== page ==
Will I Lose My SSI Income After I Get Married?

by Amber Keefer ; Updated July 27, 2017
SSI benefits often stop after marriage.

Qualifying for the SSI benefit is based on a number of factors, including a person’s marital status. Therefore, getting married may affect your SSI benefits depending on your spouse’s income. The purpose of SSI benefits is to provide financial assistance to people with limited income and resources; however, getting married can change your financial situation.

Eligibility

To qualify for Supplemental Security Income (SSI), you must have a low income and limited resources available to you. You may be eligible to receive SSI benefits if you are disabled, blind or age 65 or older. While the Social Security Administration manages the SSI program, which is based on need, getting SSI may qualify you for other benefits, including food stamps and Medicaid.

Income and Resources

In determining whether you qualify for SSI benefits, the Social Security Administration considers your total income and resources. Income includes any money you earn from employment or other sources of income you may receive in the form of unemployment benefits, worker’s compensation or Social Security. Assistance you receive from the Department of Veterans Affairs or from family, friends or organizations within your community is also considered. Cash, a vehicle, personal property, a life insurance policy or anything else that can be converted into cash and used to provide for your basic needs is regarded as a resource. When you marry and your spouse has income and assets, a portion of that income is considered to be available to you. This can reduce or eliminate your SSI benefit, since your spouse is expected to contribute, in some part, to your support.

When One Spouse Receives SSI Benefits

If you are receiving SSI benefits and decide to get married, your benefit could be decreased or discontinued. To what extent your benefits are affected by marriage depends on the amount of income your spouse earns. In addition, if your spouse has access to certain financial resources, this may affect your SSI benefits, as well. For example, you could lose your SSI or have the amount you receive reduced if your spouse is employed or receives retirement income. According to the Social Security Administration, in most cases, your SSI benefits will stop when you get married. If the marriage later ends and you still qualify, your benefits may be started again. Disability benefits may continue after marriage.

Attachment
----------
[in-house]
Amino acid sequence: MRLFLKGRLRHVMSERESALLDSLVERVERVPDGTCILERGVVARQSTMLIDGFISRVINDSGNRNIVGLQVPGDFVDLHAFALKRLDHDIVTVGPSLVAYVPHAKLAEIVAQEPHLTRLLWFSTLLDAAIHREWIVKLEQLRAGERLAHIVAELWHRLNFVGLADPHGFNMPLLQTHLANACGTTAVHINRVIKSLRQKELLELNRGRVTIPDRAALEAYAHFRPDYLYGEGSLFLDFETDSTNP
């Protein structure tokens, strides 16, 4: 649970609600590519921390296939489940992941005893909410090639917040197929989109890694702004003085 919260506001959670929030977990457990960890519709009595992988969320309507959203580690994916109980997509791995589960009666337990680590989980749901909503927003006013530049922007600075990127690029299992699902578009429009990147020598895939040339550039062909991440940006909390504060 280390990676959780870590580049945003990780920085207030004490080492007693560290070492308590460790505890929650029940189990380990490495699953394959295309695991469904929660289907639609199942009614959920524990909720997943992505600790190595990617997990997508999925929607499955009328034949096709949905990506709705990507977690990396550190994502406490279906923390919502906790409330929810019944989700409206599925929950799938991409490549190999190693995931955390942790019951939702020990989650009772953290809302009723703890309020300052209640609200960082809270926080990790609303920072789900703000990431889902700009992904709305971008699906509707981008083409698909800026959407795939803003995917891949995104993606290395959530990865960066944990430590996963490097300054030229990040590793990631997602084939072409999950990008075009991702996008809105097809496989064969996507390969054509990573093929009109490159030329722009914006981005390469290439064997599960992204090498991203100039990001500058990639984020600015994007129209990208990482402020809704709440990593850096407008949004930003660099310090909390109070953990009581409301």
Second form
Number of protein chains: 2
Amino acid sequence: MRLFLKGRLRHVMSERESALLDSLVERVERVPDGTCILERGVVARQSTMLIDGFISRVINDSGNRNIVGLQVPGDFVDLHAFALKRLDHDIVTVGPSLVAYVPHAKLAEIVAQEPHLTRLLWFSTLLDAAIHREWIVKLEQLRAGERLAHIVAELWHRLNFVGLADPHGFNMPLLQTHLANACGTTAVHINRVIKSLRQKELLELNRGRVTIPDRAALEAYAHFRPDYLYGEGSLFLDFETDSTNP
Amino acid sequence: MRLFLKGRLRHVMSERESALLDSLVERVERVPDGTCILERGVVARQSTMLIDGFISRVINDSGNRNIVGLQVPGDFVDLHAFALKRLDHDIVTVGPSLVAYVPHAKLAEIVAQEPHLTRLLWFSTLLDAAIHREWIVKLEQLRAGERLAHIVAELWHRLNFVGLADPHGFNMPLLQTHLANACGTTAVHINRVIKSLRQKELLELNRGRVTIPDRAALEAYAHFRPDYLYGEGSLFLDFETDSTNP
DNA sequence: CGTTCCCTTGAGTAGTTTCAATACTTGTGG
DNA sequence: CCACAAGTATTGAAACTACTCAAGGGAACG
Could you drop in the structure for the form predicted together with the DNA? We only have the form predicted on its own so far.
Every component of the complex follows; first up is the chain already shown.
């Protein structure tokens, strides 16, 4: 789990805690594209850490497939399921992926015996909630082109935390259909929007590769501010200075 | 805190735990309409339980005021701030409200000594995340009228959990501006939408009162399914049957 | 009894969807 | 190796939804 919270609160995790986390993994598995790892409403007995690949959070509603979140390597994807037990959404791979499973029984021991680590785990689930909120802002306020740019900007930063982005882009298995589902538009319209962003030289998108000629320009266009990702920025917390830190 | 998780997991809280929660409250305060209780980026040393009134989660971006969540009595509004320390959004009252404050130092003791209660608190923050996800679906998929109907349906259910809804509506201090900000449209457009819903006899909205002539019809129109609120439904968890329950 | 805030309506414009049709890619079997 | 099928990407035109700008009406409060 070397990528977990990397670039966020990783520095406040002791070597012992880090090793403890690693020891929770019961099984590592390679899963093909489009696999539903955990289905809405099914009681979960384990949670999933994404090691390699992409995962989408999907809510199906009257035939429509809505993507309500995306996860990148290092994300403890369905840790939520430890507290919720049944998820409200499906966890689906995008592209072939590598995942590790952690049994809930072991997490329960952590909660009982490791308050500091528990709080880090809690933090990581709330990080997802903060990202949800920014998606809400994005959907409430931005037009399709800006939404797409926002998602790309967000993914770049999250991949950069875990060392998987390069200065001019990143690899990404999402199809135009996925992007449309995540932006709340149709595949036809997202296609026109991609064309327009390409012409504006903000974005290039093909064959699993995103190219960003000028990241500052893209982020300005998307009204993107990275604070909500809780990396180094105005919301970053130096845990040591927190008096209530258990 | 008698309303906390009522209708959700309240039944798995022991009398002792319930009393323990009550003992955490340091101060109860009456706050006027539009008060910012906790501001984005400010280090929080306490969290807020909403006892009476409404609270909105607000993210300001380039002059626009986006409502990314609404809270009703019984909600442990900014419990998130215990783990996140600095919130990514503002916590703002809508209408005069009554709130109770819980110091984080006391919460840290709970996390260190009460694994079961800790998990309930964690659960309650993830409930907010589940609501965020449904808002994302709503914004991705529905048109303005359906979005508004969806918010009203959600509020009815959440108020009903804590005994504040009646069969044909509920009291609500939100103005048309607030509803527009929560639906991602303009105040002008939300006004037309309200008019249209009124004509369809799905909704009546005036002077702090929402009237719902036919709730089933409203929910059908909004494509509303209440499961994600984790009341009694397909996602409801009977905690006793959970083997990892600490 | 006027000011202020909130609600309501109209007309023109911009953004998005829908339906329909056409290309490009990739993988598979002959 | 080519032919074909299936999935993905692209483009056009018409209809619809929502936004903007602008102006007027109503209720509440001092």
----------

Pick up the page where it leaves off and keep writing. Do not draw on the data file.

When Both Spouses Receive Benefits

If both you and your spouse were receiving SSI benefits before you got married, once you marry, the amount you receive as a couple will be less than the sum of what the two of you previously received as single people. Despite the reduction in benefits, married couples who receive SSI generally manage better financially than individuals receiving SSI who live alone. When couples live together, they usually have a higher household income through combined resources and shared living expenses.

Reporting Changes

If you are receiving SSI benefits and get married, you must immediately report the change to the Social Security Administration. You may contact the department about the change by phone, mail or visiting the nearest Social Security Administration Office.

About the Author

Amber Keefer has more than 25 years of experience working in the fields of human services and health care administration. Writing professionally since 1997, she has written articles covering business and finance, health, fitness, parenting and senior living issues for both print and online publications. Keefer holds a B.A. from Bloomsburg University of Pennsylvania and an M.B.A. in health care management from Baker College.

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